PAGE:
Mr John David Baumann was born in San Francisco, California on 9 February 1864.
He was the son of a German father from Bavaria, John Baumann (b. 1825), a musician, and a Swiss mother, Verena (née Heitzelman?) (b. 1833).
He had five known siblings, all sisters: Emma (b. 1854), Evelina (b. 1857), Verena (c. 1861-1864), Augusta (b. 1862) and Louisa (b. 1867).
The family appear on the 1870 census living in San Francisco and by the time of the 1880 census John is still living with his parents, then aged 16 and still attending school. Following this the family drops off the radar. By 1892 Baumann appeared on electoral registers and was then a resident of 115 Eddy in San Francisco. His father died in Philadelphia on 2 August 1881 but what became of his mother and surviving siblings is not clear.
By 1905, at the time of his passport application, he was a resident of 118 Maiden Lane, Albany, New York. He described himself then as standing at 5' 9½", with an oval face, dark complexion, brown eyes and black hair and he worked as an importer. With offices later at 120 Maiden Lane, John D. Baumann & Co. were engaged in the hemp trade, also being described as jute, gum and timber merchants.
A figure, possibly John D. Baumann himself, outside his New York business.
1909 was to be an eventual year for Baumann. In February Baumann & Co. were sued for $266,249 by London merchants and later that year, in a reversal, the press show that Baumann had sought damages in the Supreme Court against a Cuban named Salvador Comas on the charge of alleged conversion, a business deal on peanuts not going to his satisfaction (New York Times, 7 August 1909).
Baumann was acquainted with the theatrical manager Henry Birkhardt Harris and, in years previous had granted him a favour in a time of need. By 1912 Mr Harris and his wife wound up in London and found Baumann there with "affairs going against him, and arranged for his return to America" (New York Times, 20 April 1912), Harris returning that favour.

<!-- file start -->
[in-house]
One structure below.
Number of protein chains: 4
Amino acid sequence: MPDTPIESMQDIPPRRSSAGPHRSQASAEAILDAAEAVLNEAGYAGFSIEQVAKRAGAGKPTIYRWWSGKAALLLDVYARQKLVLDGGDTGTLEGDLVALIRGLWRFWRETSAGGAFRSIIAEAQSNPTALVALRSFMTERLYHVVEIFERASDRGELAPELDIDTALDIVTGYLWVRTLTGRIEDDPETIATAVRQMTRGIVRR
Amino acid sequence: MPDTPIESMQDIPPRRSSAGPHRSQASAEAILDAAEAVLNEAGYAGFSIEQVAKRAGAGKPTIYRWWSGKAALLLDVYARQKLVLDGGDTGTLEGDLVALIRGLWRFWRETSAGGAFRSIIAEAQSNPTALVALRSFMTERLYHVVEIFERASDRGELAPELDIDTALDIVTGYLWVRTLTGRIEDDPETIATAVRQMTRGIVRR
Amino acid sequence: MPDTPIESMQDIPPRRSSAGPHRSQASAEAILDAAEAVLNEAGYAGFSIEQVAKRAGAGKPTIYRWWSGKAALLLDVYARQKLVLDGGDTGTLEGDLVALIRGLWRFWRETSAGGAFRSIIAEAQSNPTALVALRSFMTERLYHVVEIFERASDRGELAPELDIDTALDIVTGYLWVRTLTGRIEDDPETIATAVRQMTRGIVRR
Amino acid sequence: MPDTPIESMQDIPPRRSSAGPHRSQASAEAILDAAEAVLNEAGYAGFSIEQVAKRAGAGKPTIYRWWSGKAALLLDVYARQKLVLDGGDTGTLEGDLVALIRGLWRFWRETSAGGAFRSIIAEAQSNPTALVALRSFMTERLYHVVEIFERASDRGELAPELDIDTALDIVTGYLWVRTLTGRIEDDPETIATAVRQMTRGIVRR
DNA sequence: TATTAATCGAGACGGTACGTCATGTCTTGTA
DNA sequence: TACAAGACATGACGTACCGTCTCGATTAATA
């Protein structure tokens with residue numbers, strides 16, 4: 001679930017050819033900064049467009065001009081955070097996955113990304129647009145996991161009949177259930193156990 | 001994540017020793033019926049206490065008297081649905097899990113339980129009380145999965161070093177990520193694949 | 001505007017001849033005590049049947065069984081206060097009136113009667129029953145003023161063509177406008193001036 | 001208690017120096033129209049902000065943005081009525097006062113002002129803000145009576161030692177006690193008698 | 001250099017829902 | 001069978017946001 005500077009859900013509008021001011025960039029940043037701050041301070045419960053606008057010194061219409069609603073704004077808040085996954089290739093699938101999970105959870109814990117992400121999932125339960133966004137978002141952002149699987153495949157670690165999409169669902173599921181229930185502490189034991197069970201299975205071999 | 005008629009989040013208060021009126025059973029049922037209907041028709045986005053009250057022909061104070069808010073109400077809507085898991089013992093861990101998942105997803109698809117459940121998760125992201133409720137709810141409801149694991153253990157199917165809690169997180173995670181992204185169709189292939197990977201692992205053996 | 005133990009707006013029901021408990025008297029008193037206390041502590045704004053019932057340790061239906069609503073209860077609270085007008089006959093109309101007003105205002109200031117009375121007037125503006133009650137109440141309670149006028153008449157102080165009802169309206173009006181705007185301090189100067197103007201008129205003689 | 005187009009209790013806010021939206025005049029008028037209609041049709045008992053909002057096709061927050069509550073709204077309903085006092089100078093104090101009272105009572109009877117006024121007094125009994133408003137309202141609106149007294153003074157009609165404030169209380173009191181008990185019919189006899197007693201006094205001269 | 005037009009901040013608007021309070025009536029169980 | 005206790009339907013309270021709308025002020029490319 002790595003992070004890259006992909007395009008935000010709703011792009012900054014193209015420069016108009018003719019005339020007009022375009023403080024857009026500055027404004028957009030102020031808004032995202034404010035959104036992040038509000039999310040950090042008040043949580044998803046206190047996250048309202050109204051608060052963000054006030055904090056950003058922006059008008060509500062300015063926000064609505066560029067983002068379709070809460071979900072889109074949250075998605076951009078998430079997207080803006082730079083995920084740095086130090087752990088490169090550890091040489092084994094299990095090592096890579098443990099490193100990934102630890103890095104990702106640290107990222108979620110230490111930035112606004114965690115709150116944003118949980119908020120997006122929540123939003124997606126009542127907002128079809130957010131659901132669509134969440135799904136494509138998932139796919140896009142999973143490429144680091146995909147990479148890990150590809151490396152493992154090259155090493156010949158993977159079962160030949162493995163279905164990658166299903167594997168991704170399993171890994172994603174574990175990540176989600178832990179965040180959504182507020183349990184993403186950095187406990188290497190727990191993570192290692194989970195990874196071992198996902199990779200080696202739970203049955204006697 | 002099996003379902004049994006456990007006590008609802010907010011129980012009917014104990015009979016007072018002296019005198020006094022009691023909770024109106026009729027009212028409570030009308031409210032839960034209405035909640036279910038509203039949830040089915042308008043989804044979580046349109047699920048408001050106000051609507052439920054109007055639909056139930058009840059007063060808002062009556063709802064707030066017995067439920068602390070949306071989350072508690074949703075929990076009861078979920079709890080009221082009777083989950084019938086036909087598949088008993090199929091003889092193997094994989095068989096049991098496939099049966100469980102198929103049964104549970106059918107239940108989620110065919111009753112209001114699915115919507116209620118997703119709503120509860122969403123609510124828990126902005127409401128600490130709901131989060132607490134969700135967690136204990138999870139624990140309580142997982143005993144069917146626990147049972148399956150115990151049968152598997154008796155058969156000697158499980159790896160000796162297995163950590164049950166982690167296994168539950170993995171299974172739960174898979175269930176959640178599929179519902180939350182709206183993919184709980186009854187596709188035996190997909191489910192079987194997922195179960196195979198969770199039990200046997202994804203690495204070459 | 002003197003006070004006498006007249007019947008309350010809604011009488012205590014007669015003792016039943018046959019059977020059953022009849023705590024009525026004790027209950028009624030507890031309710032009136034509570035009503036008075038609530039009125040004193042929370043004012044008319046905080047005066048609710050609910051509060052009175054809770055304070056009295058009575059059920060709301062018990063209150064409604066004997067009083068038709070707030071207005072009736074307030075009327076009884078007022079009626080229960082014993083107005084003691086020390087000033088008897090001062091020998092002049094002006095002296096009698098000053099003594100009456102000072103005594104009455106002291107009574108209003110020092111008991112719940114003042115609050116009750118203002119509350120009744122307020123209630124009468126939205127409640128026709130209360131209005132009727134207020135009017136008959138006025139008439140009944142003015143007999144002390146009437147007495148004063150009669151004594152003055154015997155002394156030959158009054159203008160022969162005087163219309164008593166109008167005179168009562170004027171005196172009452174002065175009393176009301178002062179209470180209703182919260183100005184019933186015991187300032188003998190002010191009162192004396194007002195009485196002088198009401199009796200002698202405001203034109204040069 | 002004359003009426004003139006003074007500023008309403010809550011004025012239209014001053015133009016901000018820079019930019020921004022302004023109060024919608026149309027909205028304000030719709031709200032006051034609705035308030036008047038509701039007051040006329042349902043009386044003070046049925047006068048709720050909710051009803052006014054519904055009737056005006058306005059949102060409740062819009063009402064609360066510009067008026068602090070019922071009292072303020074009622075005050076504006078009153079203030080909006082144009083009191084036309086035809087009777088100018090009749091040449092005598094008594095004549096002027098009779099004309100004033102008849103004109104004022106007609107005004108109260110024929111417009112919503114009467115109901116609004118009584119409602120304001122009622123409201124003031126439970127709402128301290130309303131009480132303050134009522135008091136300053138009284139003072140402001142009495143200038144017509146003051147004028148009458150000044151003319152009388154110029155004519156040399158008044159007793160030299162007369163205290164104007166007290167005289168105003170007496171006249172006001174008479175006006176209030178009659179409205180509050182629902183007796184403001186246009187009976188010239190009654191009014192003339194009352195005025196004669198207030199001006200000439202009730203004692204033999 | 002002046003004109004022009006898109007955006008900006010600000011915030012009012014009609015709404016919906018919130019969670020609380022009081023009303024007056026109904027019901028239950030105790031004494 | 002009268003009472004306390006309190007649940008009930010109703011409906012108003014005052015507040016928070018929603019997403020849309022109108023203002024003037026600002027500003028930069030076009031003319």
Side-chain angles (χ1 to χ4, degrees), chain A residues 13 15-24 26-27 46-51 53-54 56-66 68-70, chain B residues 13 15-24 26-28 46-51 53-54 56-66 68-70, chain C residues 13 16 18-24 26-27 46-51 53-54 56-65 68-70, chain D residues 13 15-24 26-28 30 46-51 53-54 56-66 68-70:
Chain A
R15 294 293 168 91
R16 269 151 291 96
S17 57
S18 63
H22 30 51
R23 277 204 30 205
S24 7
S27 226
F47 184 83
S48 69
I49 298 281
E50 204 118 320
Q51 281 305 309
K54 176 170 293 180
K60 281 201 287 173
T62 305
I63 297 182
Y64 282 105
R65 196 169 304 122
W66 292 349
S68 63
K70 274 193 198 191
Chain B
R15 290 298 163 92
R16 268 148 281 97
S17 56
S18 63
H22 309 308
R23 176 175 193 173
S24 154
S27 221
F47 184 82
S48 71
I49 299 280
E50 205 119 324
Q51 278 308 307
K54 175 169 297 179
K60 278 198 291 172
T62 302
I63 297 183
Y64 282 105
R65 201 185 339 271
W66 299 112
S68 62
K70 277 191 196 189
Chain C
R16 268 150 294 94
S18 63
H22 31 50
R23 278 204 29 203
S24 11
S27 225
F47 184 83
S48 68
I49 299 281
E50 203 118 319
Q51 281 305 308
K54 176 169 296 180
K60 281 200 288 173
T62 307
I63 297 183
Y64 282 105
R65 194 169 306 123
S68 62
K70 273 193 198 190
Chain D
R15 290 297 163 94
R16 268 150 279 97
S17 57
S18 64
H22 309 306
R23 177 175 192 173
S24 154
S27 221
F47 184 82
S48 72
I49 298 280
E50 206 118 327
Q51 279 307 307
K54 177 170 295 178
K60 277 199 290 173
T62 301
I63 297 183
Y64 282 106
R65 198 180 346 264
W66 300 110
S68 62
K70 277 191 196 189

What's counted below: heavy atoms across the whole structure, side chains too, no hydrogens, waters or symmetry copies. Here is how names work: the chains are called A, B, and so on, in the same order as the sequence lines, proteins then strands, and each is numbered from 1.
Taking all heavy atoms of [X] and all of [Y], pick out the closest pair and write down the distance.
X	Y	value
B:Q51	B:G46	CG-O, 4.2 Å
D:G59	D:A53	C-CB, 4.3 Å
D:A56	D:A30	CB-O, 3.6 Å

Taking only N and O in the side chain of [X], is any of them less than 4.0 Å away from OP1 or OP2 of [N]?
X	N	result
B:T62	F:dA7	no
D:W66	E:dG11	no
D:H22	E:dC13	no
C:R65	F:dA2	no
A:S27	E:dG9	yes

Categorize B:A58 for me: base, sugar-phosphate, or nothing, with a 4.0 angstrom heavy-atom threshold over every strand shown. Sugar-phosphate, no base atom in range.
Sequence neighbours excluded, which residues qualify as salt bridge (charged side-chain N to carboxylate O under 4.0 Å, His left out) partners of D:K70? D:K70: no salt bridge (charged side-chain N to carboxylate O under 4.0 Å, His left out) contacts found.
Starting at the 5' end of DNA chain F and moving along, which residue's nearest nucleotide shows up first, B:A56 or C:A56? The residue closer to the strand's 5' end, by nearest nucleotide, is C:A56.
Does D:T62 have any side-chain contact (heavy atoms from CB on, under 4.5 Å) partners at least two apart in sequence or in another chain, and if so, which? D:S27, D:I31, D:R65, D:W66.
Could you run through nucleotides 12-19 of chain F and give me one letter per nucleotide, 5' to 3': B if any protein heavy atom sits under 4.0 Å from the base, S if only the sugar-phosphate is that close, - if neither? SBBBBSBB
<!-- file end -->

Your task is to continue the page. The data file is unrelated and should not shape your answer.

Whilst little is known about Baumann's time on Titanic, it is stated that he remained with Mr Harris after he had placed his wife in the last lifeboat to successfully leave the ship.
Mr Baumann was lost in the sinking and his body, if recovered, was never identified.
In September 1912, a Mr John S. Fanning of East Orange, New Jersey, a creditor of the Baumann estate, applied for letters of administration for the estate of Baumann. Mr Fanning said that the will of Mr Baumann named Henry B. Harris, the theatrical manager who also lost his life on Titanic, as executor. The attorneys for Fanning said that they knew little about Baumann's affairs, except that at times he had been wealthy and at others very poor. When he was drowned he was returning from London, where he had financed one of his companies. Mr Baumann's will left his estate in trust to Mr Harris for a sister after a claim of $10,000 has been paid to Mr Harris. He left to Mr Harris his Masonic charm, watch and chain, studs, pins and other personal possessions.